Shelley Bridgeman 's Opinion

Dwelling on injustices, bad behaviour and modern day dilemmas.

Shelley Bridgeman: Sexism is alive and well at work

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Women continue to be discriminated against in interviews by having to sit through sexist questioning. Photo / Thinkstock
Women continue to be discriminated against in interviews by having to sit through sexist questioning. Photo / Thinkstock

So sexism is alive and well in the workplace as revealed in Firm slapped for quizzing jobseeker about baby plans. Who'd have thought? Well, me for one. I had no reason to believe the issue of gender discrimination had disappeared since the 90s when I was last actively involved in the job market.

I applied for plenty of roles during my years in the corporate world and I lost count of the number of times I was quizzed by potential employers about whether I was poised to procreate. How rude! Yet this appears to be the lot of women of childbearing age.

But, of course, knowing that a militant feminist isn't likely to star on many lists of desirable employees, I just smiled through the interviews when I actually should have reprimanded them for their blatant sexism. I have the greatest admiration though for women who are prepared to report un-PC interviewers to the appropriate authorities.

Job-seekers and interviewers have an asymmetrical relationship. The former needs a job in order to survive while the latter, as gate-keepers to employment, have the privilege of holding all the power. It takes a brave woman to complain to the Human Rights Commission about being discriminated against.

In addition to being questioned about whether she planned to have a baby, "Abby", who featured in the story above, was asked what her partner did for a living. I can't decide if that is more or less offensive than when an interviewer asked me what my father did for a living. Both questions doubtless stem from the same misogynistic belief that women are defined by their relationship to the men in their lives.

It's important to understand that such reports of inappropriate and unlawful questioning reveal just the tip of the iceberg. I'm certain that people like me, unprepared to make a fuss, would far outnumber principled and outspoken heroines such as Abby. Women are continually discriminated against at interviews and when we put up with it we silently allow this practice to flourish unchallenged. It's such an entrenched and natural part of the employment landscape that many of us don't even comment on it amongst ourselves.

But, hey, it seems there's a bright note on the horizon. Not all sectors treat women quite as badly as they could possibly be treated. In 2009 the NBR reported that NZ's female engineers suffer less sexism than Aussies. That's right, only 12 per cent of Kiwi female engineers endured sexism while 42 per cent of their Australian counterparts did.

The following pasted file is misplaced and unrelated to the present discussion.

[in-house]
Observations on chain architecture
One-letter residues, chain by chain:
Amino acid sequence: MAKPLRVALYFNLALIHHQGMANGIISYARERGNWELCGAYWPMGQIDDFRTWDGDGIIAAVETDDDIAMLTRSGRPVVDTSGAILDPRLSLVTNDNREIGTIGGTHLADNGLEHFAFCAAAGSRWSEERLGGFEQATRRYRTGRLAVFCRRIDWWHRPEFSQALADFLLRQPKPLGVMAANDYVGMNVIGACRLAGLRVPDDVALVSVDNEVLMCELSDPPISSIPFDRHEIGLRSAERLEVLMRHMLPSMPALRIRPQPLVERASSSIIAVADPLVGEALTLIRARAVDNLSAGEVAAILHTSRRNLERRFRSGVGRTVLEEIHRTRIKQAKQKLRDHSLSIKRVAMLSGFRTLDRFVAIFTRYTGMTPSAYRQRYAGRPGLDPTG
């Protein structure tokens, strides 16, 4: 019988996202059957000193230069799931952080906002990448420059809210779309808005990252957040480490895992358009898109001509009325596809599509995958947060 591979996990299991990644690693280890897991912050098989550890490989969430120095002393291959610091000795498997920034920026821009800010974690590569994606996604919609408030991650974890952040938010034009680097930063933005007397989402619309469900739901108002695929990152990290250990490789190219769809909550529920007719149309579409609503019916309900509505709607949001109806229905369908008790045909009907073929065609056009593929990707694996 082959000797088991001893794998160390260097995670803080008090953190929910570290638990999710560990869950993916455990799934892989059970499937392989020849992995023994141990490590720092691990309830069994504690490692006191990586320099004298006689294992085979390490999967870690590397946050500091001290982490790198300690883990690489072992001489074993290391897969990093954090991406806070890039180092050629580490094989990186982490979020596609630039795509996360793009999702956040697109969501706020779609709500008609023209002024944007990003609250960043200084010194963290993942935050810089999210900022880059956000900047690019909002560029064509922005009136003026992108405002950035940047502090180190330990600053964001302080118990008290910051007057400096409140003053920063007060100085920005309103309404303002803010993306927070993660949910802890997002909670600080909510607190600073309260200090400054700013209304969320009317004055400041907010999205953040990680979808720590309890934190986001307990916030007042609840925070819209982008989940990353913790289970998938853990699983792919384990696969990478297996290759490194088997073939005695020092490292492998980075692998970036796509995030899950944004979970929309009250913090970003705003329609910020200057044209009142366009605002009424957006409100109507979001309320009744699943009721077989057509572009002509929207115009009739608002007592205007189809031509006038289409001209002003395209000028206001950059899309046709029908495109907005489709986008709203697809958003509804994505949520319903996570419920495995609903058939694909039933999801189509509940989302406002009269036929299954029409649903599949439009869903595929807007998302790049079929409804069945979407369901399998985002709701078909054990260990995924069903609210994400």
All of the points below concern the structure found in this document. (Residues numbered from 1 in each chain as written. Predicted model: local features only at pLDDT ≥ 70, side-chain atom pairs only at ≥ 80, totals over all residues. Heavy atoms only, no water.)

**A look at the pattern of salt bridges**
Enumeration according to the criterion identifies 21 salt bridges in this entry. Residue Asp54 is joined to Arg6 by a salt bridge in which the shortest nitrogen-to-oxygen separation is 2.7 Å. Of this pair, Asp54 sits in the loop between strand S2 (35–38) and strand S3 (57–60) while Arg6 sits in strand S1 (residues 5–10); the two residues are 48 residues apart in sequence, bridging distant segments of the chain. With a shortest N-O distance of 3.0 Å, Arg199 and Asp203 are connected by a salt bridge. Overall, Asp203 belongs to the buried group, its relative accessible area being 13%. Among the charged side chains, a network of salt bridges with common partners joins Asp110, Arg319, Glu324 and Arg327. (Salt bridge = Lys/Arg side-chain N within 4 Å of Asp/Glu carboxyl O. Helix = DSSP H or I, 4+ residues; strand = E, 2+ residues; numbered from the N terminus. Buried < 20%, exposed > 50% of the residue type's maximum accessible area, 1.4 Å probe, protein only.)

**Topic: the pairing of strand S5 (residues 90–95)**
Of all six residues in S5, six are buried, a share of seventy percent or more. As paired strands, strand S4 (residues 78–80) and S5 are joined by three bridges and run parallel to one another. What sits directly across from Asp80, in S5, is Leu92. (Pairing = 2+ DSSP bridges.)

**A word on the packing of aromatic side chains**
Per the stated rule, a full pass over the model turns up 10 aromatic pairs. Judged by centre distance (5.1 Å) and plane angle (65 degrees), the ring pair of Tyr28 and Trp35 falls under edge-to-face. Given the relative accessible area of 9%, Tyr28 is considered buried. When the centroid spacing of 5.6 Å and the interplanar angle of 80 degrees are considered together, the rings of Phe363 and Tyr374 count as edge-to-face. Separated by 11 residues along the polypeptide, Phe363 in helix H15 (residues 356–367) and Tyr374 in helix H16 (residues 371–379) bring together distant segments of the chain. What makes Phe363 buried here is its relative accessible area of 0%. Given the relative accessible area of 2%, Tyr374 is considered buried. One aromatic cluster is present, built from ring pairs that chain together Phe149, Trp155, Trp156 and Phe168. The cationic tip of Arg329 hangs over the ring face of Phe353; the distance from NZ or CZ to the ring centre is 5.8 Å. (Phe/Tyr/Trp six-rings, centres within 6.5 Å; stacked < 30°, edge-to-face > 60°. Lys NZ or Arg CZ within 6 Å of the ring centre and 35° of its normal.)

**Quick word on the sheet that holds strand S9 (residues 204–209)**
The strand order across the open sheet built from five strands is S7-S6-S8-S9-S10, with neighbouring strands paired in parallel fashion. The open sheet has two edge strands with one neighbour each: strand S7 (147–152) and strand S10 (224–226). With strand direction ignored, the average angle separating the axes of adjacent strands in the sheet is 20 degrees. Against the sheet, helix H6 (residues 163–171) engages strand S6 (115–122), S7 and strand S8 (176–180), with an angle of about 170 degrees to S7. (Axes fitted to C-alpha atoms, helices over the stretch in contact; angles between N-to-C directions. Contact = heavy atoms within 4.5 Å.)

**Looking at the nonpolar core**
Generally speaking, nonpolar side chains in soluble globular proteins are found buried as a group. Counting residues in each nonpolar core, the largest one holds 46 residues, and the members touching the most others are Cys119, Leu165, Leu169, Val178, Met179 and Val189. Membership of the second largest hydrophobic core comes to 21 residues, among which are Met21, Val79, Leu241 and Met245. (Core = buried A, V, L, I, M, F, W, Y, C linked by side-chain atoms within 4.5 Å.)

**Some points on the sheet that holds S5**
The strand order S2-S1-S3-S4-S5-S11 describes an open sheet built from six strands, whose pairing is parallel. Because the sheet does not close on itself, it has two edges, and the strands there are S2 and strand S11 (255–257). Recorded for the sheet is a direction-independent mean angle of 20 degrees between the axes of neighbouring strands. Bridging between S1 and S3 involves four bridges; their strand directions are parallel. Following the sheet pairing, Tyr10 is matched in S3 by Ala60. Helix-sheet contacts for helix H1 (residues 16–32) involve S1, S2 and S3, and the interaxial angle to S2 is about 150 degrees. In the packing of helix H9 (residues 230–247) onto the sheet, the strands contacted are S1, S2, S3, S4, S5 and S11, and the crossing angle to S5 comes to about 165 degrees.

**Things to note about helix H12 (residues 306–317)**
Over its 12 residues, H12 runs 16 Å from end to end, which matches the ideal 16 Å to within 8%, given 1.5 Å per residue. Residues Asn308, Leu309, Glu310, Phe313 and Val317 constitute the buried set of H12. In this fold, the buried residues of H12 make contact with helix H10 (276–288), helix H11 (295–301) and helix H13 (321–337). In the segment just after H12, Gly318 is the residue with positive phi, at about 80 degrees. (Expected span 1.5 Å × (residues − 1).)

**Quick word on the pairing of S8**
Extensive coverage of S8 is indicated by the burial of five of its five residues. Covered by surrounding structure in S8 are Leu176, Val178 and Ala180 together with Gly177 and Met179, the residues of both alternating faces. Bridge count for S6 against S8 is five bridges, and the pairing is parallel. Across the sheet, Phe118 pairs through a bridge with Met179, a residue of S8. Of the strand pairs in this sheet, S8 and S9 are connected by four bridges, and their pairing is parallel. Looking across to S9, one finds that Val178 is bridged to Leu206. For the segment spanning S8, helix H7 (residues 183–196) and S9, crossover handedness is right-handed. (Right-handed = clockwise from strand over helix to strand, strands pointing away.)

I think that was supposed to be a good news story. Well, firstly, reports of sexism can never constitute good news. And, secondly, since Australia doesn't hold the world's most exemplary record for human rights, comparing favourably to that nation on discrimination against women can't convincingly be sold as a cause for celebration.

Women in the workforce in New Zealand are still paid less than men for an equivalent job - estimates range from 10 per cent less overall to up to 17 per cent less for graduates. The article Talley's blasted for sex discrimination reported how in a frozen food company women were made fish trimmers while men were given the higher-paying role of fish filleters. A High Court ruling determined that this was discrimination but, let's be honest, in light of the ongoing poor treatment of female workers, it could equally well be described as "business as usual".

What's your experience of sexism in the recruitment process and the workplace? Do you make a fuss when you encounter it or do you diplomatically ignore it? Will the situation ever change? Are you aware of instances in which men are paid more than women for the same role?

Shelley Bridgeman

Dwelling on injustices, bad behaviour and modern day dilemmas.

Shelley Bridgeman is a truck-driving, supermarket-going, horse-riding mother-of-one who is still married to her first husband. As a Herald online blogger, she specialises in First World Problems and delves fearlessly into the minutiae of daily life. Twice a week, she shares her perspective on a pressing current issue and invites readers to add their ten cents’ worth to the debate.

Read more by Shelley Bridgeman

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